Myth: I only smoke light cigarettes, so it’s not as bad...
Smokers who switch to ‘light’ or ‘mild’ brands end up compensating for lower levels of tar and nicotine by inhaling smoke more deeply or by smoking more of each cigarette. If you smoke light cigarettes, you will still be putting harmful chemicals into your body.
Myth: I'm pregnant and have been smoking, so there is no point in stopping now.
Quitting smoking at any stage of your pregnancy has health benefits for you and your baby. Even after just one day of not smoking, your baby will get more oxygen. This will help your baby’s lungs develop well. Quitting now also lowers your chances of having a baby with low birth weight.
Myth: Quitting smoking will be too stressful on my baby.
Quitting smoking doesn’t put extra stress on your baby. It’s one of the best things that you can do for your health and your baby’s health during pregnancy—and after the baby is born. By quitting smoking now, you will be protecting your infant from the dangers of secondhand smoke and reducing the risk of sudden infant death syndrome.
Myth: Smoking fewer cigarettes during pregnancy is OK.
There is no safe amount of smoking. Every puff of a cigarette releases harmful chemicals that will reach your baby and affect your health too.
E-cigarettes are also not harmless as they do contain some toxins, but at far lower levels than found in tobacco smoke. If you are pregnant and smoking cigarettes choosing to vape instead may help you to quit smoking and stay smoke free,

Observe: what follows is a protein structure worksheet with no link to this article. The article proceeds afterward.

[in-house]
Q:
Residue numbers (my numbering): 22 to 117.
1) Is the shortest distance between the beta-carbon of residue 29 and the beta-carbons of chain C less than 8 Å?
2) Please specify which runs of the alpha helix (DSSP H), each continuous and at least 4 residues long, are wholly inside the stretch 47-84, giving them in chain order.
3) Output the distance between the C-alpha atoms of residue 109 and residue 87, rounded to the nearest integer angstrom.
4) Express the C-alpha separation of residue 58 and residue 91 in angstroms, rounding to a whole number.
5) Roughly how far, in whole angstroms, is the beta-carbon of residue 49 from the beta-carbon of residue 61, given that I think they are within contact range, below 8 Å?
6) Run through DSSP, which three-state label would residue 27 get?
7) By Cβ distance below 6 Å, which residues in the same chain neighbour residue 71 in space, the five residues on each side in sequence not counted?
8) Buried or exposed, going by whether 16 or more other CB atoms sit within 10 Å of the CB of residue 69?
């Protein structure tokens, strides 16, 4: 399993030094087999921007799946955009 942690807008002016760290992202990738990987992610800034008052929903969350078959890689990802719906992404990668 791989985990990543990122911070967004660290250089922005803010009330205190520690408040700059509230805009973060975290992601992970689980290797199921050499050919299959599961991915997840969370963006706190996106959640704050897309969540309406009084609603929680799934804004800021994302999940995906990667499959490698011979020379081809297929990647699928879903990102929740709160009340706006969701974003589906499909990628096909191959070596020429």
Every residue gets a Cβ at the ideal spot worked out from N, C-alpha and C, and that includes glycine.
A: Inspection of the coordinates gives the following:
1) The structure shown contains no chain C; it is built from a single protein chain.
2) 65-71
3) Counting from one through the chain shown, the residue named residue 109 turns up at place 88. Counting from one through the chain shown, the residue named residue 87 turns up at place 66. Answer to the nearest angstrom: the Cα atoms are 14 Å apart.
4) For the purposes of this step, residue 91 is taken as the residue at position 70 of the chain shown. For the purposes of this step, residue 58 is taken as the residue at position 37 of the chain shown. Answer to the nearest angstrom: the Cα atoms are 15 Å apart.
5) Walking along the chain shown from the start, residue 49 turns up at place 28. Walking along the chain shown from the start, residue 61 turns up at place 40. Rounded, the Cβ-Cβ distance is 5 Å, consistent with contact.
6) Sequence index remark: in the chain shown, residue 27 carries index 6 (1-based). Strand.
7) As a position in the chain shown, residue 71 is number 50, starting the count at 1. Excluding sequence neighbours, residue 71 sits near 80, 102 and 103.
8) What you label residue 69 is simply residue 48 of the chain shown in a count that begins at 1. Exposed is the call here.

Myth: Smoking relaxes me, and being relaxed is better for me and my baby.
Smoking may make you feel calmer, but it hurts your body more than it helps. The relaxed feeling is only temporary and whatever is causing your stress will likely return. Smoking speeds up your heart rate and increases your blood pressure. It also increases the carbon monoxide in your bloodstream, which means your baby gets less oxygen.
Myth: There is nothing wrong with having a small baby.
Smoking during pregnancy increases the chances of having a low birth weight baby. Babies with low birth weight are more likely to have serious health problems than normal weight babies. These problems can affect your baby’s health now, throughout their childhood, and into adulthood.
Myth: I smoked during my last pregnancy and had a healthy baby, so this next baby will be healthy too.
Every time you smoke during pregnancy, you put your baby’s health at risk. If you smoked and had a healthy pregnancy in the past that does not mean your next one will be healthy, too.
Myth: Using hookah pipes (hubbly bubbly) is less harmful than cigarette smoking.
Water pipe smokers, and secondhand smokers exposed to them, are at risk of the same kinds of diseases that are caused by cigarette smoking, including cancer, heart and respiratory diseases, as well as adverse effects during pregnancy.
A World Health Organisation study has suggested that during 1 session on a water pipe (around 20 to 80 minutes), a person can inhale the same amount of smoke as a cigarette smoker consuming 100 or more cigarettes.